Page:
How To Blend Cultures (Without Making Impossible Mixes)
This is a guide specifically about fantasy worldbuilding. WWC gets a lot of questions around “I’m mixing two cultures together, how do I do that?” and this is to explain both how to do that and when you very much should not.
Next up, mixing Greece/Rome with far-flung cultures gets a little bit eyebrow raising. Unless it was a direct trading partner/conquered property, Greek/Roman cultures do not mix with non-European cultures. The Greek empire only went to the Northern regions of India at its very peak, and that is limited to the ancient world. Rome stopped in the Middle East, so, again, you don’t have the cultural backing for a mixing of anything outside of its borders.
Depictions of Rome and Greece in ancient literature shows other ancient cultures found them quite backwards, and were adverse to mixing with them. By many standards they were very backwards, and it’s only Europe (and, as an extension, America) that revered them to the extent they do. Asia and Africa had no reason to see them as advanced, because they made many more technological advancements than either. North America and Oceanic cultures hardly interacted with either, and had both their own technological advancements+ cultures closer by to borrow advancements from, instead.
Outside of that, cultures are born out of the environments that made them. As a result, places with wildly dissimilar climates and resources pools will not be able to blend harmoniously unless you’re taking a modern analogue society where globalism has happened. This is plain old because resources only travel so far, and people are more likely to build culture around resources they have easy access to (even well-established trade links can lead to people re-creating things: Han purple and Egyptian blue point to an ancient trade link, but they were made with local materials processed differently).
Roman architecture exists because the Romans had access to copious amounts of concrete materials/marble and lived in the Mediterranean, which got very hot summers, heavy rains, and not a whole lot of cold. As a result they created structures that worked for this, which included open airways, pillars, easy to clean floors, shade, and ventilation. Places that lack these resources will not be able to replicate Rome.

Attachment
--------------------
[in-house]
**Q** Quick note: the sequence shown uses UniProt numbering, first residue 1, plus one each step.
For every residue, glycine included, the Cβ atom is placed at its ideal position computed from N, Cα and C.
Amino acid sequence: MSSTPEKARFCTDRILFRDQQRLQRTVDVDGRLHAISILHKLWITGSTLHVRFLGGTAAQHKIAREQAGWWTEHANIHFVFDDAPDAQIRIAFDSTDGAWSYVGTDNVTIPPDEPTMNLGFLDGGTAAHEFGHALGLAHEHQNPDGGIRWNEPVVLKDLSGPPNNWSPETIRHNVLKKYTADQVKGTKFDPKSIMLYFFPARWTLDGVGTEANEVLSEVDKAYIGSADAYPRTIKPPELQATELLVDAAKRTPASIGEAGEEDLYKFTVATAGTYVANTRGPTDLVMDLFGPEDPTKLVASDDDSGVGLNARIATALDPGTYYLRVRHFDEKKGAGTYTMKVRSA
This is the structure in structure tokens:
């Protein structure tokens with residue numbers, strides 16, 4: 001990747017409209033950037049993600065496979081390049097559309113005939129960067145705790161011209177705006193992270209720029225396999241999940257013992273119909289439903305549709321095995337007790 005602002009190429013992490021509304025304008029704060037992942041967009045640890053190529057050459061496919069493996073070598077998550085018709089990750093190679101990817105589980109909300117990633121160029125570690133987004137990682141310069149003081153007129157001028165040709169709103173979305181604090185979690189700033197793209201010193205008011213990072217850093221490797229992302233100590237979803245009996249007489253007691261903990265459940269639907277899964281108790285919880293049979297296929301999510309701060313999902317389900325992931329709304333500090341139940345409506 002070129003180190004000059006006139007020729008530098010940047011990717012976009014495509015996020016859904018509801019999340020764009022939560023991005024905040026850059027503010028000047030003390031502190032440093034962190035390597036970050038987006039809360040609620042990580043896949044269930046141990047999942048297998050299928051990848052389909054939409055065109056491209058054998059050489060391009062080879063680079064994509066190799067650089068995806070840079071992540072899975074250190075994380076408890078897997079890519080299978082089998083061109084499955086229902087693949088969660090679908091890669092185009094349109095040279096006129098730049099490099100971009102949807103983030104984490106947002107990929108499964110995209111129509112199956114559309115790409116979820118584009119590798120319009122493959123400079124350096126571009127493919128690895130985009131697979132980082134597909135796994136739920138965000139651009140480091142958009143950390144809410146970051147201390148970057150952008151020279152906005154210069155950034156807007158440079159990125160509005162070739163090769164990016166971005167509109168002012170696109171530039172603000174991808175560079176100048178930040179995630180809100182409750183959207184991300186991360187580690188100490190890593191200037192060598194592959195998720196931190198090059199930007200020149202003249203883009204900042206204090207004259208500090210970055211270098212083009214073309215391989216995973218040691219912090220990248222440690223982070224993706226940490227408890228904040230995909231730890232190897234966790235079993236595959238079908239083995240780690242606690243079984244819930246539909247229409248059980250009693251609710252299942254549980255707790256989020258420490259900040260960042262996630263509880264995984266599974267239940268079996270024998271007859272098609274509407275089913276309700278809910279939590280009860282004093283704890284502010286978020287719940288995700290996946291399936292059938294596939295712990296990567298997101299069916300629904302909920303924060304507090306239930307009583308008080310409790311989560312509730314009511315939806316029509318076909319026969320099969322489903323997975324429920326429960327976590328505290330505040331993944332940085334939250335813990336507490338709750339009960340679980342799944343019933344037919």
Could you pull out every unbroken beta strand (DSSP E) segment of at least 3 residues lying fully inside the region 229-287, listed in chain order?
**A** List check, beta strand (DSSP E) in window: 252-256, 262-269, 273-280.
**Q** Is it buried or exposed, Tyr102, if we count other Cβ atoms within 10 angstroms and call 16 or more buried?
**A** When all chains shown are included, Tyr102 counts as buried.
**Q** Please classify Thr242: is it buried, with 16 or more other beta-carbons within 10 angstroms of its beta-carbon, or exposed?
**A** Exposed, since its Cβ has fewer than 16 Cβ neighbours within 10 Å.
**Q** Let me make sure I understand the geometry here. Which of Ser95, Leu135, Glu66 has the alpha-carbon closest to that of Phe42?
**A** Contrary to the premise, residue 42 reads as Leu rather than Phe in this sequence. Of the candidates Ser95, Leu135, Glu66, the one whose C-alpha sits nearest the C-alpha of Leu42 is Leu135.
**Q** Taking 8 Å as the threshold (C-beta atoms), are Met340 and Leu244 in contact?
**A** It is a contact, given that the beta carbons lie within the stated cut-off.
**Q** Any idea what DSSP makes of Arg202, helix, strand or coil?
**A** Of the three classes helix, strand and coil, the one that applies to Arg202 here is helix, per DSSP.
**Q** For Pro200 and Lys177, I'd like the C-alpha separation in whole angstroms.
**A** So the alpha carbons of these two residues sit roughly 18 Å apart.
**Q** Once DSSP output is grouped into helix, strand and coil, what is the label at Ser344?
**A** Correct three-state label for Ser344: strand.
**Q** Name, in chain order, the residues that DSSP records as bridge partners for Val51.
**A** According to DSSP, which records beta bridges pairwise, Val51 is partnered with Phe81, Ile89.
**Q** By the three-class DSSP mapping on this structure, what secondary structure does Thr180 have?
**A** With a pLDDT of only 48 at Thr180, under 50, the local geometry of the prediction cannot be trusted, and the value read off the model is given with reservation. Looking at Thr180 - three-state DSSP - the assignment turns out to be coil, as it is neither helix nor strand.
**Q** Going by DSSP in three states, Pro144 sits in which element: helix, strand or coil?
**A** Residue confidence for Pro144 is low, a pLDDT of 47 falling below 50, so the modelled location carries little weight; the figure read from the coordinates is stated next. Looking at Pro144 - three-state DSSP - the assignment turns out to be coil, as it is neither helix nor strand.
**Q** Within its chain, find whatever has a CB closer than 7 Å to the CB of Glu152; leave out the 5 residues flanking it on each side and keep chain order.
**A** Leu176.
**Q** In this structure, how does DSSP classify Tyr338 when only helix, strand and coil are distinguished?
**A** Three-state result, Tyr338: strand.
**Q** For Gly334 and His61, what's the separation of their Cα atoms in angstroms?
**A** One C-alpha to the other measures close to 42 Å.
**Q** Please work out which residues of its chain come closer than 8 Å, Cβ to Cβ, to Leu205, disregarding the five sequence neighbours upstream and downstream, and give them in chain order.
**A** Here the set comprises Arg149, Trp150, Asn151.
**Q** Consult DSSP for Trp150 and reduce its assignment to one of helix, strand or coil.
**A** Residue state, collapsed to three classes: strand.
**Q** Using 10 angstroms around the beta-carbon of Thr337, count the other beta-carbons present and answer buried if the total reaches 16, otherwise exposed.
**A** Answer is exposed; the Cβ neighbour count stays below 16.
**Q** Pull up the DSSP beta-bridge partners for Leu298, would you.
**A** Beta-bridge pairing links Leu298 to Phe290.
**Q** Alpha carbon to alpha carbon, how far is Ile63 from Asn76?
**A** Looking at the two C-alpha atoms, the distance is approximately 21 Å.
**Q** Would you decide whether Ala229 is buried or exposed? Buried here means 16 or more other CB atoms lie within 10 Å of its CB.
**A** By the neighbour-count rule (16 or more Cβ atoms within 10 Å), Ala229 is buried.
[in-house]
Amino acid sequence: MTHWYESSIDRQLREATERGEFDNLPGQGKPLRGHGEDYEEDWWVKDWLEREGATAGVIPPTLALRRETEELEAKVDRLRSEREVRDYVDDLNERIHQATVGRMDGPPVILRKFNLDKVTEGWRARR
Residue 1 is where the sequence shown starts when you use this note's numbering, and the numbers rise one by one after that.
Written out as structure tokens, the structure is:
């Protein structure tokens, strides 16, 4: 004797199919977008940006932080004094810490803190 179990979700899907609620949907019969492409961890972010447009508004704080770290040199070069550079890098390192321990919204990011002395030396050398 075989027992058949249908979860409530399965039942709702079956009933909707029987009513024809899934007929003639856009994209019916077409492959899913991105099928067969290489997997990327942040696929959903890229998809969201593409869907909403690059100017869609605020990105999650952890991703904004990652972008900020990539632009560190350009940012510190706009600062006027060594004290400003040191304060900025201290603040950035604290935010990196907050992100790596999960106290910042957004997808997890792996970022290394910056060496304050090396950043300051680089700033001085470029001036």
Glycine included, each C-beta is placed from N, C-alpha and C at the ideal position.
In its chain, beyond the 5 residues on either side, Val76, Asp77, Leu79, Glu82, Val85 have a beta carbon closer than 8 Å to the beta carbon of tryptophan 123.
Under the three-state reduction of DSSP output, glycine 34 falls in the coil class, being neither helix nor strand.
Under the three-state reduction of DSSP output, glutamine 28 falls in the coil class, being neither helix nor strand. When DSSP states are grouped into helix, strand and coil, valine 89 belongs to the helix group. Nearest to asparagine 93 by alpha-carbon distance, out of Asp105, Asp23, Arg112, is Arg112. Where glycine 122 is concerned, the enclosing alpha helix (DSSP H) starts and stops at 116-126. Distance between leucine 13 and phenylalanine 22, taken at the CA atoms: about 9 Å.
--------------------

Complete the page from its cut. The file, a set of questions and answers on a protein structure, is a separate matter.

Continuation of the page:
Their resource pool was very specific to their regions, and there’s a reason Rome had the rule that anybody who did’t live like Romans were slaves: it was really hard to live like a Roman, and they wanted their slave pool as large as possible.
Different cultures with different resources formed in wildly different ways, and might not even have anything similar to Greece or Rome. Because of this, you need to look really close at why culture developed the way it did. If it’s because they had extremely dissimilar resources pools, it’s wise to not blend the cultures (or at least not think they’ll look anything like their original cultures)
Which brings me to value systems. Cultures put value on different things. Each culture ends up with a base philosophy for what they esteem and how they use resources, which proceeds to influence how it develops. Architecture has meaning to it. So does what colours you use in different applications. Because these things are sacred and/or practical for certain social orders. “Sacred” in cultures ends up becoming a shorthand for “this ritual helps us survive.”
There is no such thing as “aesthetic” when you get down to the root of each single item, because that aesthetic has a practical purpose. There is also no such thing as a “solely religious reason” under the same logic. Cows have become sacred in most varieties of Hinduism— because cows (and oxen) have been the main farming animal in the Indian subcontinent for millennia. They provide milk for sustenance, power for ploughing fields, and dung, which can be used as a floor polish and, when dried, a source of fuel for fire that gives off a more even heat than wood. As a single provider for crucial elements of agrarian life, their sacredness developed from their practicality. Having cows roam freely meant absolutely everyone could have access to an efficient cooking fuel.
Chinese brush painting has meaning. Jade sculpture has meaning. Pagodas and sloped roofs and gates have meaning. The philosophy, environment, history, and present circumstances of a culture is built into every. single. little. thing. about that culture, meaning you cannot just change it out.
Unless you learn the very root of culture, their values and stigmas and honours and shames, you cannot modify it accurately. Cultures survive because that was the best way to respond to the world at the time. A long-standing culture such as China’s has to be functional and incredibly well suited for the environment, otherwise it would not have survived. There is something about Chinese culture that works extraordinarily well for it to perpetuate itself, and you cannot disrespect that.
Learn the “why” of culture. Learn how it came to manifest and the reasons behind its manifestations. Study the geography and resources available to the people at hand. Know a culture so well you can explain how it works in real life and how your world’s history parallels the circumstances that created a similar culture in fantasy.
Only then will you be able to pull it off with respect.